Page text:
The Butter
- Fitness & Nutrition

Read This Before You Reach For The Butter

According to a study published in the Journal of the American College of Cardiology, swapping out saturated fats (found in butter, full-fat milk, cheese, and meats) for an equivalent amount from polyunsaturated fats (often found in fatty fish and some vegetable oils), monounsaturated fats (found in avocados, and olive and peanut oils), or carbohydrates from whole grains was associated with a 25 percent, 15 percent, and nine percent lower risk of developing coronary heart disease, respectively.

The Butter

Notably, there was no change in heart disease risk when people replaced the saturated fats in their diet with refined carbs and sugars. As a result, scientists concluded, refined carbs can be just as bad for your heart as saturated fat.

The new research comes just days after a report found that Americans are eating more full-fat products like whole milk and butter — both of which contain saturated fat.

“Contrary to some published studies and accompanying headlines of the last few years, saturated fat is not benign with respect to heart disease risk, and neither are refined carbs/sugars,” study co-author Adela Hruby, PhD, MPH, a research fellow in the Department of Nutrition at the Harvard T.H. Chan School of Public Health, tells Yahoo Health.

Last year, a controversial study from Ohio State University published in the journal PLOS Onefound that doubling and tripling the amount of saturated fat in a person’s diet doesn’t increase the amount of saturated fat in the blood. That study’s researchers concluded that saturated fat isn’t as bad for you as previously thought.

But Hruby says the research only appears mixed because scientists have been comparing saturated fats with refined carbohydrates. “Since many, but not all studies have defaulted to this comparison, saturated fat looks like it’s not bad for you,” she explains.

While saturated fat and refined carbs are equally bad for you, they work against you in different ways, study co-author Eric Rimm, ScD, a professor of epidemiology and nutrition and the director of the Program in Cardiovascular Epidemiology at the Harvard T.H. Chan School of Public Health, tells Yahoo Health.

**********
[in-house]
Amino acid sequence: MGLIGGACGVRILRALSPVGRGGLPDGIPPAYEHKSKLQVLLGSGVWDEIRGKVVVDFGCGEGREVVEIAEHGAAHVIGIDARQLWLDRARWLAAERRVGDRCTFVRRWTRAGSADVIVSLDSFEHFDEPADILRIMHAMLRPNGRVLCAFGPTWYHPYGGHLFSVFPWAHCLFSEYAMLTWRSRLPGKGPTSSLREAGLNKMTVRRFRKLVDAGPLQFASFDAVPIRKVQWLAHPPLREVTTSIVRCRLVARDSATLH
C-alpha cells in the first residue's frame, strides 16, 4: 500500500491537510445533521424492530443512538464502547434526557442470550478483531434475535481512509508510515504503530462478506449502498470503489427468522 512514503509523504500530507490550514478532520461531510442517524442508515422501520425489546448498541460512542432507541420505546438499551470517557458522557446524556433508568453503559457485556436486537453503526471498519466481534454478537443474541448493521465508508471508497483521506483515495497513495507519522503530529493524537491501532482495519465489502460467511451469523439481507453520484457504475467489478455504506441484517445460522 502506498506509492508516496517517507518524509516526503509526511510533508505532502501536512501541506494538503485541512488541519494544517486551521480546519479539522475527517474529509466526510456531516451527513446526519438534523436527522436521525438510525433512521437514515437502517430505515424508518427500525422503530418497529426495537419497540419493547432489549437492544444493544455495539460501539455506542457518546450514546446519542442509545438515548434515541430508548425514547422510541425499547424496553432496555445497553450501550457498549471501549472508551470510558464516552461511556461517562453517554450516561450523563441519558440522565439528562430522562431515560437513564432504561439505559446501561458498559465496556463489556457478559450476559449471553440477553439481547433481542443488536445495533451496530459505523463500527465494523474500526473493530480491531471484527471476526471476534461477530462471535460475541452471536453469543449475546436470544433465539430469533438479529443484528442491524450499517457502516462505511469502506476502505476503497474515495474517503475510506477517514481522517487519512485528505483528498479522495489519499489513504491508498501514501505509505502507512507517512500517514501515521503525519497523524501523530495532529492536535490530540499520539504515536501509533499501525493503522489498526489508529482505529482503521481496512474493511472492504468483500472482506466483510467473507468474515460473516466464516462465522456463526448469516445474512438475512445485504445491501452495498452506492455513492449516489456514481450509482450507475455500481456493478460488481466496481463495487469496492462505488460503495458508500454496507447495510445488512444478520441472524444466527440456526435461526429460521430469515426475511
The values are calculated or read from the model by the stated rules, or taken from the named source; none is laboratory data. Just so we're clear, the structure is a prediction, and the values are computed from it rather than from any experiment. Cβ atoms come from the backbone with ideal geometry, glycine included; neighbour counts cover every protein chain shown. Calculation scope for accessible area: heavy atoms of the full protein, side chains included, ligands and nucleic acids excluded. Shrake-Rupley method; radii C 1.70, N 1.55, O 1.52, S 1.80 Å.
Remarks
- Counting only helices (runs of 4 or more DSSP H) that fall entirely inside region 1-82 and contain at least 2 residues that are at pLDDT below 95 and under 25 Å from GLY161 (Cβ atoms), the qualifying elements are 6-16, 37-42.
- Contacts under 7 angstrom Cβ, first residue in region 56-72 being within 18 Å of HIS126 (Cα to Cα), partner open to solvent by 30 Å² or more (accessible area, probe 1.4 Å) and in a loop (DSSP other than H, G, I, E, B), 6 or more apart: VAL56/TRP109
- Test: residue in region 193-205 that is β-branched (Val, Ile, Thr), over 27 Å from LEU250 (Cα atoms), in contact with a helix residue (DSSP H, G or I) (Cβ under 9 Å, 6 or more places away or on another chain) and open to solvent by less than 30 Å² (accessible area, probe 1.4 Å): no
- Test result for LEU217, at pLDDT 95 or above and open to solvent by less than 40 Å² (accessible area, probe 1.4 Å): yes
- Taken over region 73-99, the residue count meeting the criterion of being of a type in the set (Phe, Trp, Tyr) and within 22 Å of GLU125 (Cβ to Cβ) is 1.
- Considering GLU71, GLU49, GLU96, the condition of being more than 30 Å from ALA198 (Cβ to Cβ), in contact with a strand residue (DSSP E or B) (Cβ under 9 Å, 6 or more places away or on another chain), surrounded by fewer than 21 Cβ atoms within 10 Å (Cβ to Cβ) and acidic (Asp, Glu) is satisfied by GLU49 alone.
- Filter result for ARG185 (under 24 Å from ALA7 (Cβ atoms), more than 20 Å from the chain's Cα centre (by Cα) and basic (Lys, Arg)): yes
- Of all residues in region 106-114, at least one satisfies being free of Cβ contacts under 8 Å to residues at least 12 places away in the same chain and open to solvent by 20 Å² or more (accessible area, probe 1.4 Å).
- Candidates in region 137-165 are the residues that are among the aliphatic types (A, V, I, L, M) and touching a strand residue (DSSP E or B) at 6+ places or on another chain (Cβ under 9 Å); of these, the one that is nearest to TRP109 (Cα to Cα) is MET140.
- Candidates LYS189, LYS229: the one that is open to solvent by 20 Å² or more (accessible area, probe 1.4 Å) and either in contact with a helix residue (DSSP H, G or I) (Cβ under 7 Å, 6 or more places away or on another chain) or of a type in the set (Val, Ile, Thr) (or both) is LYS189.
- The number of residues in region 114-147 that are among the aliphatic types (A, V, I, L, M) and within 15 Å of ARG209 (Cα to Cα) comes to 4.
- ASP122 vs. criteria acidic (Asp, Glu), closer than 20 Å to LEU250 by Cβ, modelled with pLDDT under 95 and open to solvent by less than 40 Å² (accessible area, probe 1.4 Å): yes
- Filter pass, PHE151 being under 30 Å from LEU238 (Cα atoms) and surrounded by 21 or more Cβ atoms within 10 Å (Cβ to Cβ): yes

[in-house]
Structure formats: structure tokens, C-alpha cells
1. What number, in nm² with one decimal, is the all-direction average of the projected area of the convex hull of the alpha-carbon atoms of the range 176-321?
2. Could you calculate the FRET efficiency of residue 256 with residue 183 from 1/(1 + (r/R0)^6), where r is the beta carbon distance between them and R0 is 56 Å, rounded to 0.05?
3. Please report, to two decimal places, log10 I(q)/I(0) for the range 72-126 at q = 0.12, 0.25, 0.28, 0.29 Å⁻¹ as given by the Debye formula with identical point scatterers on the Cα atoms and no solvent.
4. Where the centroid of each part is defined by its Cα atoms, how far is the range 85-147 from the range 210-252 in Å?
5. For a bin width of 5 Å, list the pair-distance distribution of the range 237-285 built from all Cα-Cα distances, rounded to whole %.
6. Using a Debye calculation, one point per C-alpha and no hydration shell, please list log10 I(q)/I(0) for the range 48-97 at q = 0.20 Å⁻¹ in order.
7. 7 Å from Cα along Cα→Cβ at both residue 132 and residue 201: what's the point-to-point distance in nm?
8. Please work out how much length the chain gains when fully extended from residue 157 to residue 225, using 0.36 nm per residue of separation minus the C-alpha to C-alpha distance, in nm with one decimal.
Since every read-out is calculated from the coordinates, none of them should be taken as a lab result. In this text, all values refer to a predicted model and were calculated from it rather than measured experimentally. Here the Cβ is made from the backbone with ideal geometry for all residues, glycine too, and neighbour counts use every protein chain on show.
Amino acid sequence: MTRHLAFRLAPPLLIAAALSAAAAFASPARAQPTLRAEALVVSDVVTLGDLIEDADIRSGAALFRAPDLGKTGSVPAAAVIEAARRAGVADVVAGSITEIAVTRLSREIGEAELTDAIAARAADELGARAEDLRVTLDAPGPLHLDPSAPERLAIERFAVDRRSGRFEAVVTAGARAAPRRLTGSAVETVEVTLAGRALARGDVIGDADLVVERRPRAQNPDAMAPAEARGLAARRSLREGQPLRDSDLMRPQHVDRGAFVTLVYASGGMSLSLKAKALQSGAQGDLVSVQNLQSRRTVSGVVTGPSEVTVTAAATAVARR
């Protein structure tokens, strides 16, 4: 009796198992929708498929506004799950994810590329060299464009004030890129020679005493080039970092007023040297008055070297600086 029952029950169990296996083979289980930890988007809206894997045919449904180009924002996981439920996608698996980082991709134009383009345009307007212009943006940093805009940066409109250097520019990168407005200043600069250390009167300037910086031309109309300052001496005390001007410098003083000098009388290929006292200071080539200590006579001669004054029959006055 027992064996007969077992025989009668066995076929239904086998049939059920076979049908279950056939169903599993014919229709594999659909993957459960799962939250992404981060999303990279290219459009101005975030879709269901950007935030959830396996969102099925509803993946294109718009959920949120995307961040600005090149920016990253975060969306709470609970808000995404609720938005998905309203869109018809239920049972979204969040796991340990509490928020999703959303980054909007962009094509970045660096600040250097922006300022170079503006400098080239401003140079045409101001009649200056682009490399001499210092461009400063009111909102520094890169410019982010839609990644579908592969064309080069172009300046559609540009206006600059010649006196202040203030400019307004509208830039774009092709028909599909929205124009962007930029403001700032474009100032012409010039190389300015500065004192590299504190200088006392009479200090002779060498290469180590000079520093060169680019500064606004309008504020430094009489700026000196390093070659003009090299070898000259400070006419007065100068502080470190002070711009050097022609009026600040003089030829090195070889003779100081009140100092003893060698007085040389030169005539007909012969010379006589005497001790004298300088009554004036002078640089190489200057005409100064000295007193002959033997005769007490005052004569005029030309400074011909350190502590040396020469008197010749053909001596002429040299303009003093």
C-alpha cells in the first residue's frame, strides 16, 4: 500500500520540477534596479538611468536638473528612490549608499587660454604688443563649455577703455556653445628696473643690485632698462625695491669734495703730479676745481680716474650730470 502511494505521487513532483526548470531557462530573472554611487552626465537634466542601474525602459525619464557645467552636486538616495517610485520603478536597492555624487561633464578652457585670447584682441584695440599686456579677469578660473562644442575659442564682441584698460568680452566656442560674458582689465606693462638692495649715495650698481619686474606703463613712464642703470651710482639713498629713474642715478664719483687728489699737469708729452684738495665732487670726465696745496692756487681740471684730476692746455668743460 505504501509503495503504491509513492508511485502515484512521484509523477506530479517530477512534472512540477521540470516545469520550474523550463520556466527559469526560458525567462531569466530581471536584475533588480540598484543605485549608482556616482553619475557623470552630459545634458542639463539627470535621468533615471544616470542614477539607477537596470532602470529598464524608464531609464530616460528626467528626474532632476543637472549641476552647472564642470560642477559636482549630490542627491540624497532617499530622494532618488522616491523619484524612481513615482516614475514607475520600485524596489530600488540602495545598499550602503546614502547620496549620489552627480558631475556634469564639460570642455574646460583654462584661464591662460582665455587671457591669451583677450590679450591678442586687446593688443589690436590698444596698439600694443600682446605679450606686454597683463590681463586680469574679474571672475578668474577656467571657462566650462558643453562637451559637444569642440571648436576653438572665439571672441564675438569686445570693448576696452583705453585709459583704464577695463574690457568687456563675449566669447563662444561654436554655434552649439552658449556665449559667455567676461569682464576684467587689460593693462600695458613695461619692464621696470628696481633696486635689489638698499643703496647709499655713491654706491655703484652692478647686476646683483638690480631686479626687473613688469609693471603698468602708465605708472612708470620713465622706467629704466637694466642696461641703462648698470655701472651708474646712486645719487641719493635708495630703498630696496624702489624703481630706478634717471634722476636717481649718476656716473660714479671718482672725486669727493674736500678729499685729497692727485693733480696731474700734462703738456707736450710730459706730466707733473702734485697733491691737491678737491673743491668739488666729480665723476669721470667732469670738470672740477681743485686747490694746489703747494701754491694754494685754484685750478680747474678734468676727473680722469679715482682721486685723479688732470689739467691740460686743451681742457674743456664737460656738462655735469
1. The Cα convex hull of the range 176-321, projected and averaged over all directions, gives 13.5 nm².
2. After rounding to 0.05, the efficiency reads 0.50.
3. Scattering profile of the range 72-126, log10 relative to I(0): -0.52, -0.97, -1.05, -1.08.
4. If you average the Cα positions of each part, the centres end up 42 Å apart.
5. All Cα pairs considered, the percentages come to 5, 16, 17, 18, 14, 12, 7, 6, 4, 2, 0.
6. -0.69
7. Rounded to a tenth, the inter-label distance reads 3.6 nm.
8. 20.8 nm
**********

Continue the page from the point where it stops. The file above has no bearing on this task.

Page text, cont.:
Saturated fat increases your cholesterol and may even cause inflammation in your body, he says, but refined grains are associated with higher triglycerides (i.e. fat in your blood) and glucose levels, as well as bodily inflammation.

Luckily, registered dietitian-nutritionist Karen Ansel, co-author of The Calendar Diet: A Month by Month Guide to Losing Weight While Living Your Life tells Yahoo Health that it’s easy enough to replace the saturated fats and refined carbs in your diet with more heart-healthy options. Simply aim to get more of your fat intake from mono and polyunsaturated fats, and focus on eating complex carbohydrates like whole grains.

Ansel stresses that it’s important to make healthy swaps, not to eat these fats in addition to the fat you’re already eating. “Trading olive or canola oil for butter in cooking, or spreading avocado or almond butter on your toast instead of butter would be a great swap,” she says.

And while it’s a good idea to minimize your saturated fat intake, you don’t need to get rid of all saturated fats. Instead, Ansel recommends limiting it to a maximum of 10 percent of your total calories.

It’s also not bad to eat bread or pasta, Rimm says, it’s simply better to choose options that are 100 percent whole grain.

Given the availability of whole grain products and healthy foods rich in mono and polyunsaturated fats, Hruby says that having a more heart healthy diet shouldn’t be painful. And, she notes, “We are not advocating for the removal of any food group from the diet.”